The monumental waterfall in Parc de la Ciutadella © Sopotnicki / Shutterstock
15. Be enchanted at the Font Màgica
Built for Barcelona’s 1929 World Exposition, this water-, sound- and lightshow has been drawing tourists ever since. Sure, the Magic Fountain borders on the kitsch side – but what’s not to love about jets of multicoloured water rising in sync to cheesy 1980s numbers and show-tunes?
16. Seek out street art
Barcelona’s graffiti artists are a proud bunch and you’ll find some great examples of their work around town, particularly in El Raval and Poblenou. The city also has a long tradition of street art and sculpture. Some better-known examples include Peix, a giant fish sculpture designed by Frank Gehry overlooking the beach; Roy Lichtenstein’s 15m-high Barcelona Head at the Port Vell; Catalan artist Antoni Tàpies’ Monument Homage to Picasso on the Passeig de Picasso; and Fernando Botero’s enormous cat on the Rambla del Raval.
17. Enjoy the best view of the city from the Bunkers del Carmel
They might take some leg power to get to, but the Bunkers del Carmel offer the best view in the whole of Barcelona – a 360-degree vista with the city and all its iconic monuments on one side, and hills and the town of Sant Cugat on the other. You can also climb down inside the bunkers, where you’ll find a free small museum telling you about their role during the Civil War as an anti-aircraft battery, and later during the 1940s to 1960s as a shanty town housing over 3,000 people.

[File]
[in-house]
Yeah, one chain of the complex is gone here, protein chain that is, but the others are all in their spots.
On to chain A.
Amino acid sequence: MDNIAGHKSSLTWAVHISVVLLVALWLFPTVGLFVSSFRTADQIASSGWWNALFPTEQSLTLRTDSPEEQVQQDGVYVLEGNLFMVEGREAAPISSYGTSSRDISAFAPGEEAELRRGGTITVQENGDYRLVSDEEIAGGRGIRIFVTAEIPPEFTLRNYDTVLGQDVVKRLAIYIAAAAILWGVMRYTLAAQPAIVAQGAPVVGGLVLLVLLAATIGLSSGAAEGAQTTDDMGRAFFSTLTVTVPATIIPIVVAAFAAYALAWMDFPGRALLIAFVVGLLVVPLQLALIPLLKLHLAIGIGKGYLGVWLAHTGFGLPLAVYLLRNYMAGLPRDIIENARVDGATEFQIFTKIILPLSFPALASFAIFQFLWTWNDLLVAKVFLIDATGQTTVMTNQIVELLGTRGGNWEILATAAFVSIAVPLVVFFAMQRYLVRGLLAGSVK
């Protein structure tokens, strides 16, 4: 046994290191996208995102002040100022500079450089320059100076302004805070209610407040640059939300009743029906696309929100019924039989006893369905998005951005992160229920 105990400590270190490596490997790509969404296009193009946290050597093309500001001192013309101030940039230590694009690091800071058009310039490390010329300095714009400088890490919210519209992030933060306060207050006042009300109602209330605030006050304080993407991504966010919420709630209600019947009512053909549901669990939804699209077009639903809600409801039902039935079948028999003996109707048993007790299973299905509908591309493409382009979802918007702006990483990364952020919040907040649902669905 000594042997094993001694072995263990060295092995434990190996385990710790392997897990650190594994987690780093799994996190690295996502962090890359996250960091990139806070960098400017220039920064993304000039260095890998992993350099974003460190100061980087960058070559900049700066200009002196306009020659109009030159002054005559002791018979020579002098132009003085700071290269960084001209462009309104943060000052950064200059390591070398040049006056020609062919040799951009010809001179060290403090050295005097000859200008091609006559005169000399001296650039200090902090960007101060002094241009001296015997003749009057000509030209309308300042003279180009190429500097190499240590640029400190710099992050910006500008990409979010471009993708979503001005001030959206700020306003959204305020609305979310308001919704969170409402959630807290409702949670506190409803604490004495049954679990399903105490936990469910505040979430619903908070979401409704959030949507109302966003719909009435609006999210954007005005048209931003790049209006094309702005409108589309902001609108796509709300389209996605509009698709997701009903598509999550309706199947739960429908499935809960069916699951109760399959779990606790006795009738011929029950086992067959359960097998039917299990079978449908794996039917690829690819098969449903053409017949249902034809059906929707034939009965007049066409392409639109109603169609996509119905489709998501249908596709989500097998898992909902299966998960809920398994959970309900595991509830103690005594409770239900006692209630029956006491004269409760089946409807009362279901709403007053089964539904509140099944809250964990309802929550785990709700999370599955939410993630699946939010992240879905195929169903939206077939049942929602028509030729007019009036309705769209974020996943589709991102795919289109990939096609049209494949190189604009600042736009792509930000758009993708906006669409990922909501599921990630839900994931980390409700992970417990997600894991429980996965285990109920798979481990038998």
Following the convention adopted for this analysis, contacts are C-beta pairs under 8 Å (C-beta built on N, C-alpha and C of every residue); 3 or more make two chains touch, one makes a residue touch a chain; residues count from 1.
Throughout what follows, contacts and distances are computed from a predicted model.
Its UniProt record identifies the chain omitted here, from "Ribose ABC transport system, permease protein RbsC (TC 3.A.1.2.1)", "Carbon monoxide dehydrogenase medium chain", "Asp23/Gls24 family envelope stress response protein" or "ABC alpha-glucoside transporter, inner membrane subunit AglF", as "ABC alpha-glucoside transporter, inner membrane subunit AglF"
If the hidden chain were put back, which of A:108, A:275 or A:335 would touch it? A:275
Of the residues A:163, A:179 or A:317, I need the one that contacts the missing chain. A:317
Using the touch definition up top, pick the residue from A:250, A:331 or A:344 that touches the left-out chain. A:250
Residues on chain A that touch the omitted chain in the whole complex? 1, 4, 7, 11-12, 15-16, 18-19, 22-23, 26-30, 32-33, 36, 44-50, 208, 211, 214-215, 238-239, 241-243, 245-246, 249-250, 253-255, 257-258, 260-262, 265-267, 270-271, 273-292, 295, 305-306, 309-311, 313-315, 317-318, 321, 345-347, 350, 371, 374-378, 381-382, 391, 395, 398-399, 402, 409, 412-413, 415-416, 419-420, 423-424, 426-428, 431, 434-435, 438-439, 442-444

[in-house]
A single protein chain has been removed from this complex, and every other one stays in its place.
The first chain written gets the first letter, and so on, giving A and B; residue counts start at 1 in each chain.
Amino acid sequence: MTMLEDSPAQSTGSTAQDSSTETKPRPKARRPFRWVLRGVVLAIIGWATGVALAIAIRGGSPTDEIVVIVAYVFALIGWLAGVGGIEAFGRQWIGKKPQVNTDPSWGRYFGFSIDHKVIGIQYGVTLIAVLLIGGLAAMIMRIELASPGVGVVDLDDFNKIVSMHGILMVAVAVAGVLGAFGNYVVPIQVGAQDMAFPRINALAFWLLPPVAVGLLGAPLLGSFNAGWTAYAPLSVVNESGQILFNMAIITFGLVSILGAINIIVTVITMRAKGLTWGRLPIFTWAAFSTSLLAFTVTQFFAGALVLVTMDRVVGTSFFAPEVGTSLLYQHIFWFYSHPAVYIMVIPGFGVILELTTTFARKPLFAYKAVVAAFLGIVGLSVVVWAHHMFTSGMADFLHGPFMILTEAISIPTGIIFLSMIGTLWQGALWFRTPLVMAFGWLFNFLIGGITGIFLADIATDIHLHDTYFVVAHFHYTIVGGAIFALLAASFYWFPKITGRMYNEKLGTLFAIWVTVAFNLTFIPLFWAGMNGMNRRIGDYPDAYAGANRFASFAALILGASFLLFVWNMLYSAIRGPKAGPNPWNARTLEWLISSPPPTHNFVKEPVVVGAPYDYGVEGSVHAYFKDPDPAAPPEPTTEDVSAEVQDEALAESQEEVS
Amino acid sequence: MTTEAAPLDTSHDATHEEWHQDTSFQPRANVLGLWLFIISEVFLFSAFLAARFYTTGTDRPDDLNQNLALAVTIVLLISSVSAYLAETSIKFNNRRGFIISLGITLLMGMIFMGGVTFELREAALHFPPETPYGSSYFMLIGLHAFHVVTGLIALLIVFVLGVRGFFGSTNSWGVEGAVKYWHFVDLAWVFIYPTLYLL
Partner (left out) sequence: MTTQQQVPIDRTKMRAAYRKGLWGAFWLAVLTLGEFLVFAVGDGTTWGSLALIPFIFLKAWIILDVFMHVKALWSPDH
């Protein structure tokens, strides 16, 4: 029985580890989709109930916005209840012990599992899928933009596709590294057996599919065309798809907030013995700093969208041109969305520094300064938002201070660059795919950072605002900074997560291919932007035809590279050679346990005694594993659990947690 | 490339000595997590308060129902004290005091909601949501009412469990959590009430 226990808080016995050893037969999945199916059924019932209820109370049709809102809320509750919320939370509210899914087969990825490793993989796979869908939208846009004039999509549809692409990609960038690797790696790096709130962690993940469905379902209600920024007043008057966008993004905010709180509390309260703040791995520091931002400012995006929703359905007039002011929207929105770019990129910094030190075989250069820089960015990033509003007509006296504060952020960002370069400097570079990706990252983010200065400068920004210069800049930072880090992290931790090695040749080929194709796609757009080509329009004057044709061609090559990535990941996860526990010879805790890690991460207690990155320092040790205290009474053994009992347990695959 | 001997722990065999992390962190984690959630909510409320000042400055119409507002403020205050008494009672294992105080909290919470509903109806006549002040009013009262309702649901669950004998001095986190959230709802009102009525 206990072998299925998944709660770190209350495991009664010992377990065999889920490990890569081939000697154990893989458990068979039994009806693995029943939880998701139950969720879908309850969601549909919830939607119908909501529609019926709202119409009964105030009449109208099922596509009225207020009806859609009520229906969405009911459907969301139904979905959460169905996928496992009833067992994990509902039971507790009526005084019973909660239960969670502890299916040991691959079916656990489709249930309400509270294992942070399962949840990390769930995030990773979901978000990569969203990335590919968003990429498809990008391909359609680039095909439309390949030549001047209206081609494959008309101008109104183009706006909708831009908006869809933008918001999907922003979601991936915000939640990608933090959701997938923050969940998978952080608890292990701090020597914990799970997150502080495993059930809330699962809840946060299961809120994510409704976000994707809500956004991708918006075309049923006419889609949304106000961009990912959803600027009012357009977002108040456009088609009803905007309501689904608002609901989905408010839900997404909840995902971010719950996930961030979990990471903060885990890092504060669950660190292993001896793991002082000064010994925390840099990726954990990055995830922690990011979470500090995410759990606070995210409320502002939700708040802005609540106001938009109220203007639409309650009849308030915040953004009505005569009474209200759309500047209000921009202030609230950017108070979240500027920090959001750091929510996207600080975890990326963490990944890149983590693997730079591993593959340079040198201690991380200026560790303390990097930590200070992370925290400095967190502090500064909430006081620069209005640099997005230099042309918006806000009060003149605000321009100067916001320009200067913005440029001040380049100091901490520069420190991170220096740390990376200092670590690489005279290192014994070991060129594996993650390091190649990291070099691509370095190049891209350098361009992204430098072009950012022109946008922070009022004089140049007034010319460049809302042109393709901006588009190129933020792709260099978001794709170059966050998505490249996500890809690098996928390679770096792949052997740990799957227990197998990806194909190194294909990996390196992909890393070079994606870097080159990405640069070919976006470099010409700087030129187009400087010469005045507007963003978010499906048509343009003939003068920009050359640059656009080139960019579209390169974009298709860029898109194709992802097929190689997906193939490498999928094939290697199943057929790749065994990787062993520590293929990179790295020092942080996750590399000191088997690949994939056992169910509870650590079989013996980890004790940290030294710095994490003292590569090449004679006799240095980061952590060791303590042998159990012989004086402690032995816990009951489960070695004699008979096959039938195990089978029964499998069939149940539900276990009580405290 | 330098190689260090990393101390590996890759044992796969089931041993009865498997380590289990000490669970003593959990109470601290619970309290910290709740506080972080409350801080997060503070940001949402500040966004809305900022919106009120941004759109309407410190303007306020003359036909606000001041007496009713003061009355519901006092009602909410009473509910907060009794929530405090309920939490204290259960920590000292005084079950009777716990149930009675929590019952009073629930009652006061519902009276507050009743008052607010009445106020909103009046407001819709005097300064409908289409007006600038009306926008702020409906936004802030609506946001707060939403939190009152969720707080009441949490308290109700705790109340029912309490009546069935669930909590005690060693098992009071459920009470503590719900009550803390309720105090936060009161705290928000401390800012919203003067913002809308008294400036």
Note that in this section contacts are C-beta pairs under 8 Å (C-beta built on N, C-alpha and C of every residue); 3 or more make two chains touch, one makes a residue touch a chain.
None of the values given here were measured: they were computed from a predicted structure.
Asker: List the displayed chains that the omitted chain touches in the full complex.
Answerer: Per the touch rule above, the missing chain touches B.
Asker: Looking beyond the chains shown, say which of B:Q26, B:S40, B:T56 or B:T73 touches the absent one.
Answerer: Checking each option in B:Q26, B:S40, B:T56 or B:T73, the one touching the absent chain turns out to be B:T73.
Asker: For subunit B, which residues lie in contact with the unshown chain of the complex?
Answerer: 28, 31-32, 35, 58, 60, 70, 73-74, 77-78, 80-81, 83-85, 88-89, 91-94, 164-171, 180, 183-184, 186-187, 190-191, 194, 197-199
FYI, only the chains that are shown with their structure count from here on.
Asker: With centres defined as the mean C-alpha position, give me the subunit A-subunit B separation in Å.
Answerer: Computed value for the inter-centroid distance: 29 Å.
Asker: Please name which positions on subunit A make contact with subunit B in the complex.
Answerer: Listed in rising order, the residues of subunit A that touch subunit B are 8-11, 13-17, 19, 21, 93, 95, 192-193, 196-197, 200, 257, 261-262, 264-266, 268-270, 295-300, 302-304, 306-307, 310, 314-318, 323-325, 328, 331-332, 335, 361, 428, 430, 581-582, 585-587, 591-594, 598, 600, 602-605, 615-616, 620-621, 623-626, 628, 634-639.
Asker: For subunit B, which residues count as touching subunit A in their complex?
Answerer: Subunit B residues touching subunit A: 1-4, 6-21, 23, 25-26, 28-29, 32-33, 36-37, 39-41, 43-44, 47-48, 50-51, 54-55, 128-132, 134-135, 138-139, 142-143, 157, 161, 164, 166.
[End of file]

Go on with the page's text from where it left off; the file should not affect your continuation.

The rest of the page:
The stunning view over Barcelona from the Bunkers del Carmel © Andrei Bortnikau / Shutterstock
18. Explore Montjuïc
The lush green hill of Montjuïc rises up from the port, and is home to countless museums, gardens and important sights, as well as incredible city views. You might have to pay for the museums, but much of the rest is free. Wander around gardens such as the Moorish-inspired Jardins de Laribal with their elegant fountains, sculptures and steep tiled walkways; then take a jaunt around the grand Olympic Stadium, which played host to the 1992 Summer Olympic Games. When you’re done exploring the lower slopes of the hill, take the bus (or hike if you’re feeling fit) right to the top, where you’ll find the Castell de Montjuïc. You have to pay a small fee for entry, but you can still wander around its walls and gardens for free, whilst admiring the astounding views.
19. Rummage at the Encants flea market
The Mercat dels Encants has an intriguing mix of trash and treasure. While it’s not without its fair share of odd shoes and outdated electronic devices, there are enough random oddities to make it worthwhile. There's also a surprisingly gourmet food court up on the first floor.
20. Browse the galleries in El Born
The charming area of El Born is packed with an exciting array of small independent art galleries and boutiques. Get lost in the narrow alleyways and see what gems you can find, from classic paintings to cutting-edge artwork. There are also two excellent free galleries nearby on La Rambla, hosting changing exhibitions – the Centre de la Imatge in the Palau de la Virreina, near the top, and the Centre d’Art Santa Mónica at the bottom.